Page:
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Edward M. Campbell,  Ph.D.

 

Assistant Professor

Department of Microbiology and Immunology

 

  1998            University of Illinois, Champaign-Urbana

              B.S. -Life Sciences/Bioengineering

 

  2004             University of Illinois at Chicago

                Ph.D. -Microbiology and Immunology

Campbell_Edward_PhD_CBNA_2X3_12_10_08.jpg (160536 bytes)

EMAIL

 

Current Interests

Understanding the mechanisms by which endogenous cellular proteins, termed restriction factors, negatively affect the replication of retroviruses

Laboratory Focus

My lab is focused on understanding the interactions occurring between retroviruses, such as Human Immunodeficiency Virus type-1 (HIV-1) and cellular restriction factors such as TRIM5a. TRIM5a has been shown to mediate a species specific block to infection, such that the TRIM5a protein from rhesus macaques potently inhibits HIV-1 infection, while HIV-1 is able to avoid restriction by TRIM5a protein present in the human population. My work seeks to better understand the molecular mechanism of restriction mediated by TRIM5a and other TRIM family proteins.

Much of the work in lab features the use of deconvolution microscopy to directly     observe fluorescently labeled virions infecting target cells. We therefore hope to generate a better understanding of the biology of restriction by directly observing the interactions occurring between virions and restriction factors.

There are currently 3 projects in the lab. First, we have identified a region ofa  that appears to mediate the multimerization of TRIM5a into discreet structures termed cytoplasmic bodies.  We seek to understand the role this multimerization plays in restriction by examining TRIM5 mutants that have lost the ability to form these structures.. Second, we also are examining the regions of TRIM5 that mediate the binding and clearance of viral complexes during restriction by examining the kinetics of these events in the context of TRIM5a mutants with specific mutations in domains thought to be responsible for these activities. Third, we want to develop methods to fluorescently label other viruses during infection to observe the restriction of those viruses by TRIM5a proteins from other species, as well as recently reported antiviral activities possessed by other TRIM family members. Specifically, we want to develop the ability to fluorescently label murine leukemia virus particles, to observe the restriction of this virus by the human version of TRIM5a to better understand and differences in the restriction mediated by TRIM5a from human forms of the protein.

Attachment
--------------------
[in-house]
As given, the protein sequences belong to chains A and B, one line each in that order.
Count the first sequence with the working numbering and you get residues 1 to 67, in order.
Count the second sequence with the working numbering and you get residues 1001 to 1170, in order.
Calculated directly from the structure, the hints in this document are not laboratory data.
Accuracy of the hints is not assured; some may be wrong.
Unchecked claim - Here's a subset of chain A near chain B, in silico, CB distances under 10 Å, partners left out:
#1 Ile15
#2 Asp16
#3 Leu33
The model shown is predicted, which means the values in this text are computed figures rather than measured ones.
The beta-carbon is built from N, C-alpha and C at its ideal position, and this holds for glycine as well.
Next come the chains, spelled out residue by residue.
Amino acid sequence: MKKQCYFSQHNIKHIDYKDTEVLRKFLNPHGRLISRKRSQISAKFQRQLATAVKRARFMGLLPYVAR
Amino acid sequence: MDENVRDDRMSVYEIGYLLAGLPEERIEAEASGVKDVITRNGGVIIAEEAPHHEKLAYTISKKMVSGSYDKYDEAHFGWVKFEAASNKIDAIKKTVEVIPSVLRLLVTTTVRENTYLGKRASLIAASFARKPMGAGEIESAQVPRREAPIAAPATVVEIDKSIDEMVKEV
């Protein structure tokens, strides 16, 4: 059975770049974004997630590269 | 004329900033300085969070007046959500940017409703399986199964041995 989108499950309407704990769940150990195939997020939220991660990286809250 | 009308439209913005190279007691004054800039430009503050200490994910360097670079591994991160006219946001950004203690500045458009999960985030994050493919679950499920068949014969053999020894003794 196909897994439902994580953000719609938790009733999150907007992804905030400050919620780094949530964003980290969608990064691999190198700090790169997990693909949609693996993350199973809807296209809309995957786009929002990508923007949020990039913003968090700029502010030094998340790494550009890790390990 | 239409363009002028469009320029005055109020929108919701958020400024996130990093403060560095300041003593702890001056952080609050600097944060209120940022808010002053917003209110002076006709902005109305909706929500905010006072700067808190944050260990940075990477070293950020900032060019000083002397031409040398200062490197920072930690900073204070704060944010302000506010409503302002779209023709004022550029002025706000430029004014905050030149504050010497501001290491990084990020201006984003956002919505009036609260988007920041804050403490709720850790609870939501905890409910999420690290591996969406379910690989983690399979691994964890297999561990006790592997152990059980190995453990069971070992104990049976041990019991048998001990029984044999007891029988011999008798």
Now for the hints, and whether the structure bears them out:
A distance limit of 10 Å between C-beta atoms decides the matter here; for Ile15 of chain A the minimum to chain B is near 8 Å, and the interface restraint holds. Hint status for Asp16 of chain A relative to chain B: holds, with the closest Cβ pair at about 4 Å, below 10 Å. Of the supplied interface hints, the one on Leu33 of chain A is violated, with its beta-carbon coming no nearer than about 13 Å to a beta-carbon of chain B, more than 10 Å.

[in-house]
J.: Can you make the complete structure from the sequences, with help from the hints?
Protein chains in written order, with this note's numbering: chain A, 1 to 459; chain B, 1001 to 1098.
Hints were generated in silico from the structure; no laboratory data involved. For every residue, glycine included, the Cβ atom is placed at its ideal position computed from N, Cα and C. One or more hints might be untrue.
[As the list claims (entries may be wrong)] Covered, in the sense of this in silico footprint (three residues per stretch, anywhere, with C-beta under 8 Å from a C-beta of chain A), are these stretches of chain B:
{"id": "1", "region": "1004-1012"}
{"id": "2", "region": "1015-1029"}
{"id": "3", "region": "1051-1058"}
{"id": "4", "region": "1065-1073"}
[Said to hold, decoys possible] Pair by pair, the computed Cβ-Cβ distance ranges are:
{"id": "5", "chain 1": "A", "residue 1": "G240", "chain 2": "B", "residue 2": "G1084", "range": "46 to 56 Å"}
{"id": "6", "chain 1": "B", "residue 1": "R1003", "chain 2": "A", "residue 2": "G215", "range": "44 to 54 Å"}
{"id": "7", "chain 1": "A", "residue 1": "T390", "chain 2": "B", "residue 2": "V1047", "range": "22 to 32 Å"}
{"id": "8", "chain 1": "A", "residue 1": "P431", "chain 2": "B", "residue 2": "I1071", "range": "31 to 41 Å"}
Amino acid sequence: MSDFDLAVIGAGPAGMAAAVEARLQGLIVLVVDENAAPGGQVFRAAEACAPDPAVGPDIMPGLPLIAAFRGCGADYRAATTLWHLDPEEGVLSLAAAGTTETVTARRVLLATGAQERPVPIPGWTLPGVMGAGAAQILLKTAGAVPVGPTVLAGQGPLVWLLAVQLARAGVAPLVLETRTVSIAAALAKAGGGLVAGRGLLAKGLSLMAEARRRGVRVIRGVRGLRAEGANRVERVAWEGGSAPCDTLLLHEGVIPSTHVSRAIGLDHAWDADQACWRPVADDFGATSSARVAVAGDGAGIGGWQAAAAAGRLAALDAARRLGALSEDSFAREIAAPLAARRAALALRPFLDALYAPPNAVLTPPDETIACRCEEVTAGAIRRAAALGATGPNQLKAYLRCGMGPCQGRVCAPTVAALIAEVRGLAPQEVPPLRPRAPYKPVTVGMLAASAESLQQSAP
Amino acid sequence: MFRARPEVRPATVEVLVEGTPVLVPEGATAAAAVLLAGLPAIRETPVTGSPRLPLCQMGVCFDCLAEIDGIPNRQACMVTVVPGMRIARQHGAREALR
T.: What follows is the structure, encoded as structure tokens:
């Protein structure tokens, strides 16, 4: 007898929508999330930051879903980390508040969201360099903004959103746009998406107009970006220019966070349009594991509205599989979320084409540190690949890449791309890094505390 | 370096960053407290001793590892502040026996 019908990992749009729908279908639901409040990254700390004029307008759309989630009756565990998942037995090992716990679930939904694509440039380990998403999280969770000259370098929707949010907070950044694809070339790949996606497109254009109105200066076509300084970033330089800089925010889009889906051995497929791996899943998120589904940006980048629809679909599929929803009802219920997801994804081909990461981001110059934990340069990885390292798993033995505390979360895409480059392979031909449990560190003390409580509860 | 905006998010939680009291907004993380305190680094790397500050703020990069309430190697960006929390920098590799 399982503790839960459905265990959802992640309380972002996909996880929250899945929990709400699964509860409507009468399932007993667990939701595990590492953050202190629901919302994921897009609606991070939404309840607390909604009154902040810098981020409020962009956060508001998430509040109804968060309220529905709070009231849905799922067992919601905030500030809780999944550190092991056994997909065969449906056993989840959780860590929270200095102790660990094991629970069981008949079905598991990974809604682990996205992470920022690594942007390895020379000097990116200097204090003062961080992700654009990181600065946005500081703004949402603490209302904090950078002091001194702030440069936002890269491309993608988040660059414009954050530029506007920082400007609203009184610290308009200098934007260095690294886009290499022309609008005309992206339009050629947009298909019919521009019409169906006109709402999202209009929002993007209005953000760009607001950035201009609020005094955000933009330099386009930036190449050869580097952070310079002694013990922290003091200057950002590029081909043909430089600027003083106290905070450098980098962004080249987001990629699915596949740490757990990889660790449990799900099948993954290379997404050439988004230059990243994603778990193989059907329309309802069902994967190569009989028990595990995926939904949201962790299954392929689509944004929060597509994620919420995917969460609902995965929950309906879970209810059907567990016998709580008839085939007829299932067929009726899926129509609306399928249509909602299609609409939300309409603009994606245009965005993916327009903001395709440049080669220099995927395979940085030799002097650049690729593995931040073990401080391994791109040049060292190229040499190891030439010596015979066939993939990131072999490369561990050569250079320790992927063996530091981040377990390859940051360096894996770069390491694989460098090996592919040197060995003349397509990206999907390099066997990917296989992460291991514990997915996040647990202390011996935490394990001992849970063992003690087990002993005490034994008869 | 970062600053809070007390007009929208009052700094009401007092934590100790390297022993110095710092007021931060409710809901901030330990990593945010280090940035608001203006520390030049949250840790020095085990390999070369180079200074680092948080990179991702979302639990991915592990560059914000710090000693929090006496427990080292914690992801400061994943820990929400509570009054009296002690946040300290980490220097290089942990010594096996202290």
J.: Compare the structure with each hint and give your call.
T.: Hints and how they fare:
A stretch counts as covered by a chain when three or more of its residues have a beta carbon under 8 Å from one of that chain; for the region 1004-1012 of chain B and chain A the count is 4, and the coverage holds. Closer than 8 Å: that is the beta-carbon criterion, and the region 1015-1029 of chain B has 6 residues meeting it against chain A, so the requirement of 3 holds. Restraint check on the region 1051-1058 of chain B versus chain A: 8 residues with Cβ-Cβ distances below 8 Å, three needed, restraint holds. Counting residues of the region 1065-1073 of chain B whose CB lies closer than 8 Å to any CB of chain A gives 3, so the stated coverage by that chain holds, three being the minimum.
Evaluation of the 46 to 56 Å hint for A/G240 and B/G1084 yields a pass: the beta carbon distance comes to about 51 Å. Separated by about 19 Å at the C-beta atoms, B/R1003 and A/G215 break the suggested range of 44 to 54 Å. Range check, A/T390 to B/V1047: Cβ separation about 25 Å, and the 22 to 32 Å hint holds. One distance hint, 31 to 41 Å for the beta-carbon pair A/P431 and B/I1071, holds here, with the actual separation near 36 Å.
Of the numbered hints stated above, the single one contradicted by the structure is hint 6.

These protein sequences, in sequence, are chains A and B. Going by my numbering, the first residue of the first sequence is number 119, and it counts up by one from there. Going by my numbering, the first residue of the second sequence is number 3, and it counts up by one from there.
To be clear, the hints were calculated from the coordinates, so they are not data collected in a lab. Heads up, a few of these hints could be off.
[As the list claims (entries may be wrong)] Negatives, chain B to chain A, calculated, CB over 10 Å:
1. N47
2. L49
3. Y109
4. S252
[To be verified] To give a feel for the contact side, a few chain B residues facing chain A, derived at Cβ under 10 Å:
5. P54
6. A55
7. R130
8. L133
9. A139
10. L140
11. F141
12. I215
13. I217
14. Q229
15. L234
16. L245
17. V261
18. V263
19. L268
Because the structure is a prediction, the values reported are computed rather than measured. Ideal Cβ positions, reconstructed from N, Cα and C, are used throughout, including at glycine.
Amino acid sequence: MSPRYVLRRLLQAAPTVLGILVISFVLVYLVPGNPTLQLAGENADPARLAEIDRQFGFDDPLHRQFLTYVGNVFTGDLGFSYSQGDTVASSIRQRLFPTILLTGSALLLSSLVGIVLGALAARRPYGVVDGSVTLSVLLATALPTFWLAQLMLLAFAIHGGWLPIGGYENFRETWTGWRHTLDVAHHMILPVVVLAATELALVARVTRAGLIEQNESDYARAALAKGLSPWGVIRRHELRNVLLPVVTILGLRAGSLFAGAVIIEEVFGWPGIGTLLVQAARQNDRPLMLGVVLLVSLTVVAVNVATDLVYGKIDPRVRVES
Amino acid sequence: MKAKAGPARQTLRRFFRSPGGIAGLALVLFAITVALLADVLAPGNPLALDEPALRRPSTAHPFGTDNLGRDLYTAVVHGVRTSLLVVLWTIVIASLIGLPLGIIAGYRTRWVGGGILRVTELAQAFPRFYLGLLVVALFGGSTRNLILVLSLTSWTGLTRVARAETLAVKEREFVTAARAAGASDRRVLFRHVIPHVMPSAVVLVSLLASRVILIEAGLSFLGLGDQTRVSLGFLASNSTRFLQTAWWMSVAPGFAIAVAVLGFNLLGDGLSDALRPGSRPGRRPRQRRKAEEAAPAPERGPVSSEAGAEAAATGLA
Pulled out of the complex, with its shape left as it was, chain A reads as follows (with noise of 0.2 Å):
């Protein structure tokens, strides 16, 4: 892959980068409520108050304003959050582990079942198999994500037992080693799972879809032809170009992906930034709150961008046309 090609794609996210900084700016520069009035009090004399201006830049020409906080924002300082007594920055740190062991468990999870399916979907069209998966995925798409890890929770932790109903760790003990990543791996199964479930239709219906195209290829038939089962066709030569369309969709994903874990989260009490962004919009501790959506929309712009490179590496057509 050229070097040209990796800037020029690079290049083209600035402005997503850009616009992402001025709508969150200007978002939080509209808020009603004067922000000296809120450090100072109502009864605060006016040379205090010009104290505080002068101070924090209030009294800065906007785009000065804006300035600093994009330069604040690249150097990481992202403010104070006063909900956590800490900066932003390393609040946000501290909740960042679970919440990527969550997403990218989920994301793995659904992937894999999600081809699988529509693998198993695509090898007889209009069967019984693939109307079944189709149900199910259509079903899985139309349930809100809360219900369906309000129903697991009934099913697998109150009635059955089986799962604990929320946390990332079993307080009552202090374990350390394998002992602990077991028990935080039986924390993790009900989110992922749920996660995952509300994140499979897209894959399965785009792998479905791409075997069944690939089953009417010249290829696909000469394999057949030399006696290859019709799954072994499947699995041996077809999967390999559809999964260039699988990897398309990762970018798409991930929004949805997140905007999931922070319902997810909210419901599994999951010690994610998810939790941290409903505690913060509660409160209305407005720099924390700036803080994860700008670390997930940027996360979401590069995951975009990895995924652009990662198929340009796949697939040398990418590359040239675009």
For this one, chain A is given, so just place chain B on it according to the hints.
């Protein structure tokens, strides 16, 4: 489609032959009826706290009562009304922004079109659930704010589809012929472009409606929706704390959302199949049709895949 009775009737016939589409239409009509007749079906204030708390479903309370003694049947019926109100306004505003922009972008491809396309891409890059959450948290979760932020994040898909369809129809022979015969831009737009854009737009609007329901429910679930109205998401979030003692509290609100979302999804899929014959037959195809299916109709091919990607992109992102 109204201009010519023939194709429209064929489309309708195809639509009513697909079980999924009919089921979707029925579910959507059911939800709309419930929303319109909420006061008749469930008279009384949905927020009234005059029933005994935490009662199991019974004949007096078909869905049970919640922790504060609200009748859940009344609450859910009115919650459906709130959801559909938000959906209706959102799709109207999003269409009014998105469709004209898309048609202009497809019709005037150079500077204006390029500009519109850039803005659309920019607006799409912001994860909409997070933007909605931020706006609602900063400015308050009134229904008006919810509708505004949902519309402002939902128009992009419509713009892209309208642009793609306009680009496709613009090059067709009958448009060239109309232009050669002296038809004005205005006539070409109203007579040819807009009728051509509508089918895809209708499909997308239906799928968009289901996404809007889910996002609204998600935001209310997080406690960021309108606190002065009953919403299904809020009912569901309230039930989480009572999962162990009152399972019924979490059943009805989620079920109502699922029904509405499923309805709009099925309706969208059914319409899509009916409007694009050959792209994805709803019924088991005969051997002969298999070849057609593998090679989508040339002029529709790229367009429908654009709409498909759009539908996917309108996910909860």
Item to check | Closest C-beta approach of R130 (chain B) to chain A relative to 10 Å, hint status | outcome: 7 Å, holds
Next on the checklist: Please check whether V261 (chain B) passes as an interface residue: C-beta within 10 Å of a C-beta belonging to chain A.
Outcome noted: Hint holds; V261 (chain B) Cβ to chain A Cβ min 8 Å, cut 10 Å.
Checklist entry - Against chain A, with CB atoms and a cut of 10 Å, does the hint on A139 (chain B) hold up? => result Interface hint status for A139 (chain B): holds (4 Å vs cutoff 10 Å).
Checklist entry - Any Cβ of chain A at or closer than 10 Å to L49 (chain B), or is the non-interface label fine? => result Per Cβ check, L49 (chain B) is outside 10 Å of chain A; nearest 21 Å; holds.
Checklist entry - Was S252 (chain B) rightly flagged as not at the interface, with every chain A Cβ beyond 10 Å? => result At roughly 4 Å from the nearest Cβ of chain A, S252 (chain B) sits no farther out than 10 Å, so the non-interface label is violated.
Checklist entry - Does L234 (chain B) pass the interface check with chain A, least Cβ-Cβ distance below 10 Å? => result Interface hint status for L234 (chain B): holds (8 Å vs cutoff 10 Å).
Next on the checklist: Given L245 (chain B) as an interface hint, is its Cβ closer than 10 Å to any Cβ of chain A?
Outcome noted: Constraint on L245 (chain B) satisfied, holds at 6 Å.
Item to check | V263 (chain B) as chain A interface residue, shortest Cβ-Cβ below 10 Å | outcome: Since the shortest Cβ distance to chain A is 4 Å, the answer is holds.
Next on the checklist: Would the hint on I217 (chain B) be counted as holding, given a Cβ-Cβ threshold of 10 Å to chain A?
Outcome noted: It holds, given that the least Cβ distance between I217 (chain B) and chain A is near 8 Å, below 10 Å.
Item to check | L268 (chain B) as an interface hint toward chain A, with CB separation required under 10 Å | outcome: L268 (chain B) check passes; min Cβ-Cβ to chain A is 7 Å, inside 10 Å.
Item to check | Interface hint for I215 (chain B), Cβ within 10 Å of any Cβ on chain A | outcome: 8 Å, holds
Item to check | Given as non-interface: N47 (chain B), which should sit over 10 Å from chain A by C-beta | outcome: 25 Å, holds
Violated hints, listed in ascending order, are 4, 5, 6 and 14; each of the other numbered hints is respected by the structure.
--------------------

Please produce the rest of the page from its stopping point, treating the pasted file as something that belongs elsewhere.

Publications

Campbell EM, Perez O, Anderson JL, Hope TJ. Visualization of a proteasome independent intermediate during restriction of HIV-1 by rhesus TRIM5a, J Cell Bio, 2008 Feb 11;180(3):549-61

Campbell EM, Perez O, Melar M, Hope TJ. Labeling HIV-1 virions with two fluorescent proteins allows identification of virions that have productively entered the target cell. Virology. 2007 April 10;360:286-293 Nov 21

Campbell EM, Dodding MP, Yap MW, Wu X, Gallois-Montbrun S, Malim MH, Stoye JP, Hope TJ. Trim5a cytoplasmic bodies are highly dynamic structures. Mol Biol Cell. 2007, 18(6), 2102-2111

Wu X, Anderson JL, Campbell EM, Joseph AM, Hope TJ. Proteosome inhibitors uncouple rhesus TRIM5alpha restriction of HIV-1 reverse transcription and infection. PNAS. 2006 May9;103(19):7465-70

Last Reviewed: March 2010

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